The top five countries in economic freedom were Hong Kong, Singapore, New Zealand, Switzerland, and Australia. Canada ranked sixth; Chile, seventh; Ireland, eighth; Estonia, ninth; and the United Kingdom, 10th.
Other rankings of interest include Chile (29), the freest country in Latin America, while Venezuela (154) is the least free in the region, Heritage wrote. India ranked 87; Russia, 115; and China, 141. Turkey ranked 73rd, South Africa 74th, Brazil 82nd and Egypt 144th.
Police rake in billions in property seizures
No crime, no criminal charge needed to take your assets
Posted by Richard Moore Aug. 11, 2016
The first in a series
Across the United States, at a proliferating and alarming rate, police are seizing properties they say have been implicated in various crimes, though often enough the property owners are never convicted or even charged with a crime.
Under the weakest of pretexts, property — cars, cash, homes — is seized and sold, most often going to pad law-enforcement budgets. Most people never fight the confiscations because the police target the less well off, and, while some people do fight and get their property back, it can take months and even years, causing irreparable harm and bankruptcies.
Justice delayed is justice denied, as they say.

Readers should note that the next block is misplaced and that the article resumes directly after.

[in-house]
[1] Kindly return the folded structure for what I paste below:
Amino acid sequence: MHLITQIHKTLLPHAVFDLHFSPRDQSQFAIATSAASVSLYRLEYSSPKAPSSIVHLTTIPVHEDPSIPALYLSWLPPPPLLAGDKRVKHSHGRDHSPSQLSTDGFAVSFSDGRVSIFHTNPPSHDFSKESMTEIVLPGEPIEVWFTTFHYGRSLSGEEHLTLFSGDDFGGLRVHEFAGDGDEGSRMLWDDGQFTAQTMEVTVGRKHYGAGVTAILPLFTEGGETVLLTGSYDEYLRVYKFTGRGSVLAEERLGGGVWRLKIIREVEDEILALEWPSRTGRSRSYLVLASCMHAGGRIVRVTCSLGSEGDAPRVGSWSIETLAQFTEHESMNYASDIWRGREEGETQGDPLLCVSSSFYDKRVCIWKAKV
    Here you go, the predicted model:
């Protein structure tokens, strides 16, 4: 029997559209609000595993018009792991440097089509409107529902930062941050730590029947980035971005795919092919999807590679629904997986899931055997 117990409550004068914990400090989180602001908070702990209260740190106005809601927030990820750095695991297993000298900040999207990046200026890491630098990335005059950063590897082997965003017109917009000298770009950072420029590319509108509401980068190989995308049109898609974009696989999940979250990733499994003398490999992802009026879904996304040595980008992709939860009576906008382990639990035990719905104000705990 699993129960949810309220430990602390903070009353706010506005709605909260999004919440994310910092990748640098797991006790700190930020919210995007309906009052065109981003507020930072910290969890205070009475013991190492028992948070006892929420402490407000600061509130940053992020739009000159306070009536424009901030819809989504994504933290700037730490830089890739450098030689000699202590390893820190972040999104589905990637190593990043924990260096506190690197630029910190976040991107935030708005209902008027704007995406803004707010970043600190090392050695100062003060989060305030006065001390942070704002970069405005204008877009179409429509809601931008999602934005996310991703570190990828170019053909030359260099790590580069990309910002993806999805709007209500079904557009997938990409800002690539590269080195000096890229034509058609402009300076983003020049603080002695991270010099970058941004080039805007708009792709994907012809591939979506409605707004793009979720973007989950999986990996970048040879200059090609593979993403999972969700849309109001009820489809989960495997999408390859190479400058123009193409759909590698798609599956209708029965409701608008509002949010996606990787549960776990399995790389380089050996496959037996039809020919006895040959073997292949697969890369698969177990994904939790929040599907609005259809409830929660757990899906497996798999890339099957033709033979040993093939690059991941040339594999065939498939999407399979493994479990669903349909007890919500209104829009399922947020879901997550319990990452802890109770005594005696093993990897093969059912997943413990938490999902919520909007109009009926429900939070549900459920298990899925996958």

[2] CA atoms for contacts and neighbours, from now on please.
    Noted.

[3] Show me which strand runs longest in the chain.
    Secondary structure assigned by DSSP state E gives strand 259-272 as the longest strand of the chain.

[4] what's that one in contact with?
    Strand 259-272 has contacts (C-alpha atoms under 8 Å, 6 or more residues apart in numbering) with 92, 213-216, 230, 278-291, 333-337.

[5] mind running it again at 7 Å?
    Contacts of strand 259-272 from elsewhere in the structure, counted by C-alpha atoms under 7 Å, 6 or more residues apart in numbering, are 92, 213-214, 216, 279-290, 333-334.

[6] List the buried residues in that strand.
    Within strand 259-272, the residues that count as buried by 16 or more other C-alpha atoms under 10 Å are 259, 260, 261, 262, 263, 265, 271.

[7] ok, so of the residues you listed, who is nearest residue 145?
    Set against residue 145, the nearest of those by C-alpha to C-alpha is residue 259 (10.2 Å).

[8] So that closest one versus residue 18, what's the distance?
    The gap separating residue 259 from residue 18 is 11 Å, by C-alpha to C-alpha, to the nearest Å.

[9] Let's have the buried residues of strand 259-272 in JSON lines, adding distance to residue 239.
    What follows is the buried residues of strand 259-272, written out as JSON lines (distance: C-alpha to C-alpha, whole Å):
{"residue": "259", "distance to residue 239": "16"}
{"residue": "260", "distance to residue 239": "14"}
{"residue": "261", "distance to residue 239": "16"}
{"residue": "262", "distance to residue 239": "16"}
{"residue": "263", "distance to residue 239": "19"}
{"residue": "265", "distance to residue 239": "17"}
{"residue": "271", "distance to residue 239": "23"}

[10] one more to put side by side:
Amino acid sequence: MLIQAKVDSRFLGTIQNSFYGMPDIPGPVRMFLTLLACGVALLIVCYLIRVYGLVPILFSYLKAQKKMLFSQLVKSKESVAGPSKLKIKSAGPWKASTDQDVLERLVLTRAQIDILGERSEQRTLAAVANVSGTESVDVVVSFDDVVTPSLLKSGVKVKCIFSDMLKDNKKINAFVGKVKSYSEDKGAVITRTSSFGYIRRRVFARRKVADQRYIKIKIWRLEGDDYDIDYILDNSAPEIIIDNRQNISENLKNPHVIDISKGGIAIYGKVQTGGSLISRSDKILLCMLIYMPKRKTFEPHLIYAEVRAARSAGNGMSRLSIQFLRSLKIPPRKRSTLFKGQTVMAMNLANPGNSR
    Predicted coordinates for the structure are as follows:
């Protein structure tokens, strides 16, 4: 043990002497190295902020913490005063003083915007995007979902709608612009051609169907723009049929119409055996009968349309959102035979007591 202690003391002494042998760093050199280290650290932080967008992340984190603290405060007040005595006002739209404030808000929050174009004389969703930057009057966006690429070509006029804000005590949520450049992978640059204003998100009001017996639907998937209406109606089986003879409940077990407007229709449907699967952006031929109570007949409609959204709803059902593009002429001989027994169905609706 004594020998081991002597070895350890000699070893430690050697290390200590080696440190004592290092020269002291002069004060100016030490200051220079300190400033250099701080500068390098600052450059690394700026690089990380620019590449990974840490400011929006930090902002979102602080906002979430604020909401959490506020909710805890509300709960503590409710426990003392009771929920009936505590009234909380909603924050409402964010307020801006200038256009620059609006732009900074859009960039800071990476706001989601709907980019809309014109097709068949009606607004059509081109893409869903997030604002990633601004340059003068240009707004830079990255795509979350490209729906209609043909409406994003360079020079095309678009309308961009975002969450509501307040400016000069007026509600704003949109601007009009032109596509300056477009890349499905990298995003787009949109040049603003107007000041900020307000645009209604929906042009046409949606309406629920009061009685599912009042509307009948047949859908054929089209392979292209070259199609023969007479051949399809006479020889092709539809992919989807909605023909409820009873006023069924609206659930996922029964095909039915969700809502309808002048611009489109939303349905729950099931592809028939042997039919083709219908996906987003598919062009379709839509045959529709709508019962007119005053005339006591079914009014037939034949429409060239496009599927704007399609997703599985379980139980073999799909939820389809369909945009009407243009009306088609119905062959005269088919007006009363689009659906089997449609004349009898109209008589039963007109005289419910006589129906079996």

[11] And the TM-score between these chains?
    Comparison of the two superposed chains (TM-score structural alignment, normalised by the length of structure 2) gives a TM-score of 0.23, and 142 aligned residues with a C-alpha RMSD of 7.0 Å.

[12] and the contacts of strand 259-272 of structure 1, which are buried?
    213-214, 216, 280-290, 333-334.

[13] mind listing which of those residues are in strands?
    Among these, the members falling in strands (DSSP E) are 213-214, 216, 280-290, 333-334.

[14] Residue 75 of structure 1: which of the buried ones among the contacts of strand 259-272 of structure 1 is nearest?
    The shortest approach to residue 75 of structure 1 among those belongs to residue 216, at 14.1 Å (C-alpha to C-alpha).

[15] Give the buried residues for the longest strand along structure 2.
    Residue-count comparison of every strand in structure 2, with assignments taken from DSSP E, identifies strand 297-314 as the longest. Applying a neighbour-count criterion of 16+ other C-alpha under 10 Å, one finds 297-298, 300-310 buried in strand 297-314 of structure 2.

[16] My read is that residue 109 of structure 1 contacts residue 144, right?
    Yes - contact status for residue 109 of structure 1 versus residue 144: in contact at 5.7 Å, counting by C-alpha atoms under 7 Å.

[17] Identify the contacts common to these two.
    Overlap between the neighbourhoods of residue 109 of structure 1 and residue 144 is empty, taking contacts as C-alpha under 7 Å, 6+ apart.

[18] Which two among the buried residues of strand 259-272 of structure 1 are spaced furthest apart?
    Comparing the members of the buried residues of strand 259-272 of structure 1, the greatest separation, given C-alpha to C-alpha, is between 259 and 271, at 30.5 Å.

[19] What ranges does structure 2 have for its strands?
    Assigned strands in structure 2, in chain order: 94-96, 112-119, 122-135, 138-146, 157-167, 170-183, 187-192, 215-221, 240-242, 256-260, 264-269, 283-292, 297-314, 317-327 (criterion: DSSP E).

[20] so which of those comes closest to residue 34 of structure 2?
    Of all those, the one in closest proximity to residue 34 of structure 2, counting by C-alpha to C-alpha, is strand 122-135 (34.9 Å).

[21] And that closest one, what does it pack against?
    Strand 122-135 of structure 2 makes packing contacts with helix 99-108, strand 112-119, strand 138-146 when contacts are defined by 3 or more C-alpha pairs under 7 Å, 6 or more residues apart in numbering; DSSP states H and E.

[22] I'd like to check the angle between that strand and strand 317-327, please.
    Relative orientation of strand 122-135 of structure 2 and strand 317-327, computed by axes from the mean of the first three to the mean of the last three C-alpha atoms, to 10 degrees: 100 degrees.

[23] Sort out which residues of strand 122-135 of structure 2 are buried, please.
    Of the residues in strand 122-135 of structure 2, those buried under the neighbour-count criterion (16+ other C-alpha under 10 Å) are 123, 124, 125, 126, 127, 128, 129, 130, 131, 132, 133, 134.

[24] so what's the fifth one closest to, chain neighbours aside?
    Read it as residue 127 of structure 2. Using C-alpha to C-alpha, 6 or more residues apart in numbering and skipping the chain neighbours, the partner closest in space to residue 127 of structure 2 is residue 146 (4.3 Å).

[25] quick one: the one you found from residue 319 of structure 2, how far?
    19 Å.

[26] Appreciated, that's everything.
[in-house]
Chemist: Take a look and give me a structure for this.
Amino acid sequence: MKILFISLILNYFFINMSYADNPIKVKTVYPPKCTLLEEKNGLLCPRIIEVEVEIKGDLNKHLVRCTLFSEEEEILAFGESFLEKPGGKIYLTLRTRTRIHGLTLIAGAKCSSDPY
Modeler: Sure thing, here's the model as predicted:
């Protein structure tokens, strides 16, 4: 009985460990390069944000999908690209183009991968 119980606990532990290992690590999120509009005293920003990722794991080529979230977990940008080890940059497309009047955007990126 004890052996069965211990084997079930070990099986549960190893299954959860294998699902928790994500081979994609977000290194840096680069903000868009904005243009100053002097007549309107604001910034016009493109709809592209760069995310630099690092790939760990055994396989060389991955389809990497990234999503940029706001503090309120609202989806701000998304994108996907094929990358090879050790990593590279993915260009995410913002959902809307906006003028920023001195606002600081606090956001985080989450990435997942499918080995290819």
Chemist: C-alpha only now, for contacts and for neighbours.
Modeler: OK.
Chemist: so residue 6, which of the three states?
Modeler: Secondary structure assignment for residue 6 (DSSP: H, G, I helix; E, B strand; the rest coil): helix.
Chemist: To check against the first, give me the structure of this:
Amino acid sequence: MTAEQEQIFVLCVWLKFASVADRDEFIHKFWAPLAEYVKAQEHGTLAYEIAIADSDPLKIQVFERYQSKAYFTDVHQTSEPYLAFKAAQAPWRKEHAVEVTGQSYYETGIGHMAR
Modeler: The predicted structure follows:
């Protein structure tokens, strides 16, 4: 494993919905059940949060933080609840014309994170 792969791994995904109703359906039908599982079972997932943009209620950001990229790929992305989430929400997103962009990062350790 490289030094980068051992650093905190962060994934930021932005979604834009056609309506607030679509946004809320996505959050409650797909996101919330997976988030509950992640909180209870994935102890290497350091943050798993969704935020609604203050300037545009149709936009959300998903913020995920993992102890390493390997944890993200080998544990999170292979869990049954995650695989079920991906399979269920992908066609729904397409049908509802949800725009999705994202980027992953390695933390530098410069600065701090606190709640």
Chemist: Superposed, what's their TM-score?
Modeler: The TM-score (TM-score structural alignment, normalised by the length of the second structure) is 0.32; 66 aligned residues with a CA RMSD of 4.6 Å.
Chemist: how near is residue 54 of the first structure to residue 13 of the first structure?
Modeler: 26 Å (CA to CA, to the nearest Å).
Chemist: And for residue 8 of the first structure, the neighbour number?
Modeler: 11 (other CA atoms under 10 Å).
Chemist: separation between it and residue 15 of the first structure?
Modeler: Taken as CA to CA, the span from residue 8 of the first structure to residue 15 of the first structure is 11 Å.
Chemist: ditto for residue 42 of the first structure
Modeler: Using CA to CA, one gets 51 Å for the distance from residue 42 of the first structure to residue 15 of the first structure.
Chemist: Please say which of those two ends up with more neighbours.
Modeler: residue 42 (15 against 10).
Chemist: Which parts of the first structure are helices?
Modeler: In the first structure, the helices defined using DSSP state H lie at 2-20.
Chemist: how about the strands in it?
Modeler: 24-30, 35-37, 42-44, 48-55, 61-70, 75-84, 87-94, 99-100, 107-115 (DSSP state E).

Now, across the U.S., bipartisan calls for reform are gaining momentum as stories mount of egregious abuses of the process known as civil asset forfeiture.
Consider just one example, as reported by Sarah Stillman in The New Yorker: In Philadelphia, a family named Adams owned a nice, modest, two-story home, where they raised their son, and marigolds, and where they worked hard until they retired.
Their son, Stillman reported, never left home, and that’s where the trouble started. Not that the trouble was very major. In 2012, the 31-year-old son allegedly sold $20 worth of marijuana to a police informant on the porch of the Adams’s house, and made arrangements for two more sales, also for $20 each.
Selling $60 of pot got this police response: Nine days after the first sale, the police arrived unannounced — “swat-team officers in riot gear,” Stillman reported — and sledge-hammered the front door down. They carted the son off to jail.
But that wasn’t the worst of it. A month later, the state moved to take the Adams’s house, where the alleged crime occurred, and to sell it at a biannual city auction, with the spoils to be divided between the district attorney’s office and the police department. What’s more, Stillman reported, the state was allowed to sell the house whether the son was convicted or not and could do so before he even stood trial.